John Oliver is selling a kids book about Mike Pence's rabbit. But there's ... a twist.

Believe it or not, two kids books about Mike Pence's family pet rabbit, Marlon Bundo, were just released.

But they tell wildly different tales.

Photo by Chip Somodevilla/Getty Images.


One of them, "Marlon Bundo’s Day in the Life of the Vice President," is a story created by the Pence family about their furry creature's experiences living in Washington.

Perfectly innocent. Right? Eh, not quite.

On a new episode of "Last Week Tonight With John Oliver," the TV host spotted something discouraging about Marlon Bundo's book tour.

It stops by Focus on the Family — a vehemently anti-LGBTQ group that opposes a number of basic human rights for queer people and has a history of supporting gay conversion therapy (a harmful practice that attempts to change a person's sexual orientation).

The vice president, who is one of the most anti-LGBTQ legislators in the country, is a big fan of the organization. Naturally.

With that in mind, the "Last Week Tonight" team decided to make their own rabbit-inspired book too: "A Day in the Life of Marlon Bundo."

"You’ll notice right away that our rabbit has a bow tie, so there’s that," Oliver pointed out about the differences between the two publications on the March 18, 2018, show. But there's an even more striking contrast: In "A Day in the Life of Marlon Bundo," Marlon is gay. He falls in love with another boy rabbit in the garden.

Yes, the book is for kids. Yes, it's real. And yes, it's actually for sale.

GIF via "Last Week Tonight."

The best part? All of the proceeds from the "Last Week Tonight" book benefit two terrific groups helping LGBTQ people.

One is The Trevor Project, a crisis intervention nonprofit that helps struggling LGBTQ youth, and the other is AIDS United, an organization aimed at ending HIV/AIDS in the U.S.  

"Those are two great reasons to buy this book," Oliver said. "Another is that selling more books than Pence will probably really piss him off."

"Last Week Tonight" has a page where you can find out how to get your own copy of "A Day in the Life of Marlon Bundo," and you can watch Oliver's segment on the book below:

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Macy's and Girls Inc. believe that all girls deserve to be safe, supported, and valued. However, racial disparities continue to exist for young people when it comes to education levels, employment, and opportunities for growth. Add to that the gender divide, and it's clear to see why it's important for girls of color to have access to mentors who can equip them with the tools needed to navigate gender, economic, and social barriers.

Anissa Rivera is one of those mentors. Rivera is a recent Program Manager at the Long Island affiliate of Girls Inc., a nonprofit focusing on the holistic development of girls ages 5-18. The goal of the organization is to provide a safe space for girls to develop long-lasting mentoring relationships and build the skills, knowledge, and attitudes to thrive now and as adults.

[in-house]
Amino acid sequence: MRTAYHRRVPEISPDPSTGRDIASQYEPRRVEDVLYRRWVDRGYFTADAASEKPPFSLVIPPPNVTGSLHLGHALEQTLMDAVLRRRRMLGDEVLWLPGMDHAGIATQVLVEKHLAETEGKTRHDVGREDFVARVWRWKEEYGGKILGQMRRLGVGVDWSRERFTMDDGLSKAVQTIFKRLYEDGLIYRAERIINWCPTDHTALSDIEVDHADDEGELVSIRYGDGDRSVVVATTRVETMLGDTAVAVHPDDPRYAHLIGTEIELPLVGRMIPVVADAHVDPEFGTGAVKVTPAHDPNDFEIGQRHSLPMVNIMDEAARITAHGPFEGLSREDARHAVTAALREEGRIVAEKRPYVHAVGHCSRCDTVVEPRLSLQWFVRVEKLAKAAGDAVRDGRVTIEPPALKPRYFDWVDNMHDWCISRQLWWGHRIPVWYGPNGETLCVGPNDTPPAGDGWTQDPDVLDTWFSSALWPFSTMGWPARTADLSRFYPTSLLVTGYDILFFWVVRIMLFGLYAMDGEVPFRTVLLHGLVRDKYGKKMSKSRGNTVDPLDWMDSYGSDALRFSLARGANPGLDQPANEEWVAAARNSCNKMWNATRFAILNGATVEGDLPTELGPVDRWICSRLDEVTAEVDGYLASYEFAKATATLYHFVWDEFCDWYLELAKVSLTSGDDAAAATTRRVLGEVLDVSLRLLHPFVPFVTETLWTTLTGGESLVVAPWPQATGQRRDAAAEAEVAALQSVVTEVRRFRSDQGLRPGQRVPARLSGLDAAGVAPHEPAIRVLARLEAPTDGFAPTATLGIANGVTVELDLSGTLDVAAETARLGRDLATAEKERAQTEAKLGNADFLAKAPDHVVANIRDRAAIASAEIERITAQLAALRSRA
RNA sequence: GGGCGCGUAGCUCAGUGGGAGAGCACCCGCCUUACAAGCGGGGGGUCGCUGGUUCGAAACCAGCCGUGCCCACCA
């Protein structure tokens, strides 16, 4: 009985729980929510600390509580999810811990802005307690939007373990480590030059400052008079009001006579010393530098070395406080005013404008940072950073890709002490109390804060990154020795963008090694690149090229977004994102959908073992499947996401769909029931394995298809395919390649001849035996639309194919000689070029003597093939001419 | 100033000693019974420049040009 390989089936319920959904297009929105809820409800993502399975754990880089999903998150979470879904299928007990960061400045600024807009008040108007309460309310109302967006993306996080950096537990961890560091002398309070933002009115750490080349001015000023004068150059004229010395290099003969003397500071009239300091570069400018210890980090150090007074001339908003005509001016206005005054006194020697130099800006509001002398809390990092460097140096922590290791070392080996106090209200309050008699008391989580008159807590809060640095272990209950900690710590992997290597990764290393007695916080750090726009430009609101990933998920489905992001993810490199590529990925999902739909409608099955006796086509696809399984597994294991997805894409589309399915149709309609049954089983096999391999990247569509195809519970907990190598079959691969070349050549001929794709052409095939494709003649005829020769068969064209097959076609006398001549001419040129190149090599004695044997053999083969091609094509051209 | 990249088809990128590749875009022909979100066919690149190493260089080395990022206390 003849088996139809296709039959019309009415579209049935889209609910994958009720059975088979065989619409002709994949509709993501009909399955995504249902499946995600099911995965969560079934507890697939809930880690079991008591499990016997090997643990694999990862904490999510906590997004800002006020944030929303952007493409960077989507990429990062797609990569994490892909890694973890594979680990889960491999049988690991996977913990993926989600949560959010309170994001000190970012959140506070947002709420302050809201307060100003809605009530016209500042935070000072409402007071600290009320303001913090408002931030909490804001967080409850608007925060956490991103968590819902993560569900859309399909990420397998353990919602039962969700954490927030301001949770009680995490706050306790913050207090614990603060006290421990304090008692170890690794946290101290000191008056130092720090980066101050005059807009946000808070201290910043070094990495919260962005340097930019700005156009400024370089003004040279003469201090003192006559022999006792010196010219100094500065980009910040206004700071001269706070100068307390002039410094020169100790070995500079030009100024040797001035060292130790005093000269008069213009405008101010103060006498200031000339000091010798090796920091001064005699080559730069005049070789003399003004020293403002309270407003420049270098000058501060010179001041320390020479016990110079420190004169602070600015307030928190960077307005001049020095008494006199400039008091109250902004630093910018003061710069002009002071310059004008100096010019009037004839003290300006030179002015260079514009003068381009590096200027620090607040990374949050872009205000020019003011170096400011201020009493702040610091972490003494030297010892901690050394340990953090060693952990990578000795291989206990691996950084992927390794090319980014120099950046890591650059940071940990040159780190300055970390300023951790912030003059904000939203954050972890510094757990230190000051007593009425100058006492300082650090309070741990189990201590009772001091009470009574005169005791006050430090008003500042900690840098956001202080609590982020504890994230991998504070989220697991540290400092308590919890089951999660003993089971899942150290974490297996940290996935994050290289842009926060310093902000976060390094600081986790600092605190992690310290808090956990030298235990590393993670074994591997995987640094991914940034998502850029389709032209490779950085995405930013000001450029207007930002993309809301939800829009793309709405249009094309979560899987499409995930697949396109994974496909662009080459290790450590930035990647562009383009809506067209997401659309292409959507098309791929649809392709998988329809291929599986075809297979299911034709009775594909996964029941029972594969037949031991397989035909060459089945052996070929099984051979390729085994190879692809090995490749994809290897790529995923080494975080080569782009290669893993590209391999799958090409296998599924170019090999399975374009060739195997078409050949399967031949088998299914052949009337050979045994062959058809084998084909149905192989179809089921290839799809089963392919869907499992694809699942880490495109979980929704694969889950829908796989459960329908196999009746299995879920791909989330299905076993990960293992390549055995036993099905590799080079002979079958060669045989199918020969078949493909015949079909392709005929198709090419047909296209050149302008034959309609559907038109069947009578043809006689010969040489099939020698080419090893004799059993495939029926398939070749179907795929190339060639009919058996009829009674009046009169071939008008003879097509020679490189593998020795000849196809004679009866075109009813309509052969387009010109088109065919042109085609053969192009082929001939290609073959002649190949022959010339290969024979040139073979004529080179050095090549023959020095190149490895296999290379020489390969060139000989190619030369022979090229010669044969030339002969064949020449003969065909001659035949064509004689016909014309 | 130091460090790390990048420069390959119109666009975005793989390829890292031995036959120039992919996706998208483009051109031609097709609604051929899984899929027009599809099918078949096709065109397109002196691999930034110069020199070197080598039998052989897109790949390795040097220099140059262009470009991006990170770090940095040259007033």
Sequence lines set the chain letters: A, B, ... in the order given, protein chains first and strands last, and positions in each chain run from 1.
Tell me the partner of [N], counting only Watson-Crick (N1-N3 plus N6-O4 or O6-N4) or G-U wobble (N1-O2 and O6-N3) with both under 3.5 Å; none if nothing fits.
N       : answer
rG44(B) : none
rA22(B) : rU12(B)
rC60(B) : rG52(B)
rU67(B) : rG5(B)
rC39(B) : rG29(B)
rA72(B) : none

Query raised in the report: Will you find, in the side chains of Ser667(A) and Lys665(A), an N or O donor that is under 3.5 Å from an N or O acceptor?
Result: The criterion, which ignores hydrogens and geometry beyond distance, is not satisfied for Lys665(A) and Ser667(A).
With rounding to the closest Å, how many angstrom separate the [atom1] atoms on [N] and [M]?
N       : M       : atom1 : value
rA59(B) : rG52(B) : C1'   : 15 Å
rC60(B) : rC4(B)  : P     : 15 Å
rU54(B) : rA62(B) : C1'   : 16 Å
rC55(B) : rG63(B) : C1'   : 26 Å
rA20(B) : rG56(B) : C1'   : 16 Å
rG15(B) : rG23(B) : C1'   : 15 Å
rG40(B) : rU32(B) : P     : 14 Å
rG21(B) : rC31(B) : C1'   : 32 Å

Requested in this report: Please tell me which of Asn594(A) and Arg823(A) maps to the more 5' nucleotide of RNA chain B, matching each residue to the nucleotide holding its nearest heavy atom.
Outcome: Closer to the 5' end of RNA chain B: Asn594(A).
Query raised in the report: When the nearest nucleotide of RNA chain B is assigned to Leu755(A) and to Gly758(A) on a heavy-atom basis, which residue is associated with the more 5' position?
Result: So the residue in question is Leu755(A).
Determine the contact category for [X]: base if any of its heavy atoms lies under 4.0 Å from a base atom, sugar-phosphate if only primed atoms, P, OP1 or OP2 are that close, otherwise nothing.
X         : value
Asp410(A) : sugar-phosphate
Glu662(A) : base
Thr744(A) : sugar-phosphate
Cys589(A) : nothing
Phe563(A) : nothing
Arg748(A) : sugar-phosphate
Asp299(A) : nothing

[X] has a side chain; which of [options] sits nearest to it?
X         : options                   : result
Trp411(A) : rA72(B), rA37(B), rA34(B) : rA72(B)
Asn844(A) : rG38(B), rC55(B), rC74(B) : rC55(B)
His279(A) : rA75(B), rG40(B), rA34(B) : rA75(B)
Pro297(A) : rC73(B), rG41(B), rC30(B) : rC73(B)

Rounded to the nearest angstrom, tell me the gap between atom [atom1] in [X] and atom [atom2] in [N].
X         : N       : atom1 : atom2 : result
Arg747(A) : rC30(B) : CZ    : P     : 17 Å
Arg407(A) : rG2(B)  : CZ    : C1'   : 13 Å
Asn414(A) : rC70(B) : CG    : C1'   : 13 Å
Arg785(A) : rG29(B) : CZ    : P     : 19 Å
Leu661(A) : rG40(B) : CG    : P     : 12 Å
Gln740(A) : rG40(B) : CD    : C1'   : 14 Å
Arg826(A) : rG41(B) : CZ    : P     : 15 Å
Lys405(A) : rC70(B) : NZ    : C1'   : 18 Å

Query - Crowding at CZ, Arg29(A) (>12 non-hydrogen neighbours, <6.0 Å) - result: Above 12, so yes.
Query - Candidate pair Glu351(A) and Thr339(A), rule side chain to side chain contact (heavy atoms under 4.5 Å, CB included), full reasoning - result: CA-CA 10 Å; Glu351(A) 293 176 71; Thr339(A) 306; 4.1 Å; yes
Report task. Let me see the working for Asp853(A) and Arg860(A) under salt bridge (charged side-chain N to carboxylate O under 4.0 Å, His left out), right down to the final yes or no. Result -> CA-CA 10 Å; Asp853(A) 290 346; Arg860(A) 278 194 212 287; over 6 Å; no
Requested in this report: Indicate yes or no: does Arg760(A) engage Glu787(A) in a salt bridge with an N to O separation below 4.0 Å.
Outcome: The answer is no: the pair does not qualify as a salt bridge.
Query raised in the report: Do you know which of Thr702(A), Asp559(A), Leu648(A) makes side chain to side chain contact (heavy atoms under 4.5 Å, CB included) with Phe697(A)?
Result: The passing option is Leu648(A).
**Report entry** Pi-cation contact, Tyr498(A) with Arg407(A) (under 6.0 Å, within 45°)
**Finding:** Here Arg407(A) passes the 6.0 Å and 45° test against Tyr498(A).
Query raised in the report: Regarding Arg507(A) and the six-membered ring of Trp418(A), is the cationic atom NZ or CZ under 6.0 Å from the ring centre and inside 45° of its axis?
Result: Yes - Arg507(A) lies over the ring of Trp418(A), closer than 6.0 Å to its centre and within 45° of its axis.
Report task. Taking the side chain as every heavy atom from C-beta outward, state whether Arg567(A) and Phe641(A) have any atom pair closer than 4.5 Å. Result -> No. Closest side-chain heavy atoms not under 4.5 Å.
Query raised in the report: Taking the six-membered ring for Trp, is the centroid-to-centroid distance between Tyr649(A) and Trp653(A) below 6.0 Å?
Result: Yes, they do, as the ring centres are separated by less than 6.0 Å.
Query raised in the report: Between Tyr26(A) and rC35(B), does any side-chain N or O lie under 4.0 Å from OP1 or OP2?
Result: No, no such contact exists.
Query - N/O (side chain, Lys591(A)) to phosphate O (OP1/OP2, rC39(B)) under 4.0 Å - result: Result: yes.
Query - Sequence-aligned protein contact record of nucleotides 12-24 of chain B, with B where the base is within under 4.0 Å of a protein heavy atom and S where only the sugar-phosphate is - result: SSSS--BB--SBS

Rivera spent years of her career working within the themes of self and community empowerment with young people — encouraging them to tap into their full potential. Her passion for youth development and female empowerment eventually led her to Girls Inc., where she served as an agent of positive change helping to inspire all girls to be strong, smart, and bold.

Photo courtesy of Macy's

Inspiring young women from all backgrounds is why Macy's has continued to partner with Girls Inc. for the second year in a row. The partnership will support mentoring programming that offers girls career readiness, college preparation, financial literacy, and more. Last year, Macy's raised over $1.3M for Girls Inc. in support of this program along with their Science, Technology, Engineering, and Math (STEM) programming for more than 26,000 girls. Studies show that girls who participated are more likely than their peers to enjoy math and science, score higher on standardized math tests, and be more equipped for college and campus life.

Thanks to mentors like Rivera, girls across the country have the tools they need to excel in school and the confidence to change the world. With your help, we can give even more girls the opportunity to rise up. Throughout September 2021, customers can round up their in-store purchases or donate online to support Girls Inc. at Macys.com/MacysGives.

Who runs the world? Girls!

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In the Pacific Northwest, orca sightings are a fairly common occurrence. Still, tourists and locals alike marvel when a pod of "sea pandas" swim by, whipping out their phones to capture some of nature's most beautiful and intelligent creatures in their natural habitat.

While orcas aren't a threat to humans, there's a reason they're called "killer whales." To their prey, which includes just about everything that swims except humans, they are terrifying apex predators who hunt in packs and will even coordinate to attack whales several times their own size.

So if you're a human alone on a little platform boat, and a sea lion that a group of orcas was eyeing for lunch jumps onto your boat, you might feel a little wary. Especially when those orcas don't just swim on by, but surround you head-on.

Watch exactly that scenario play out (language warning, if you've got wee ones you don't want f-bombed):

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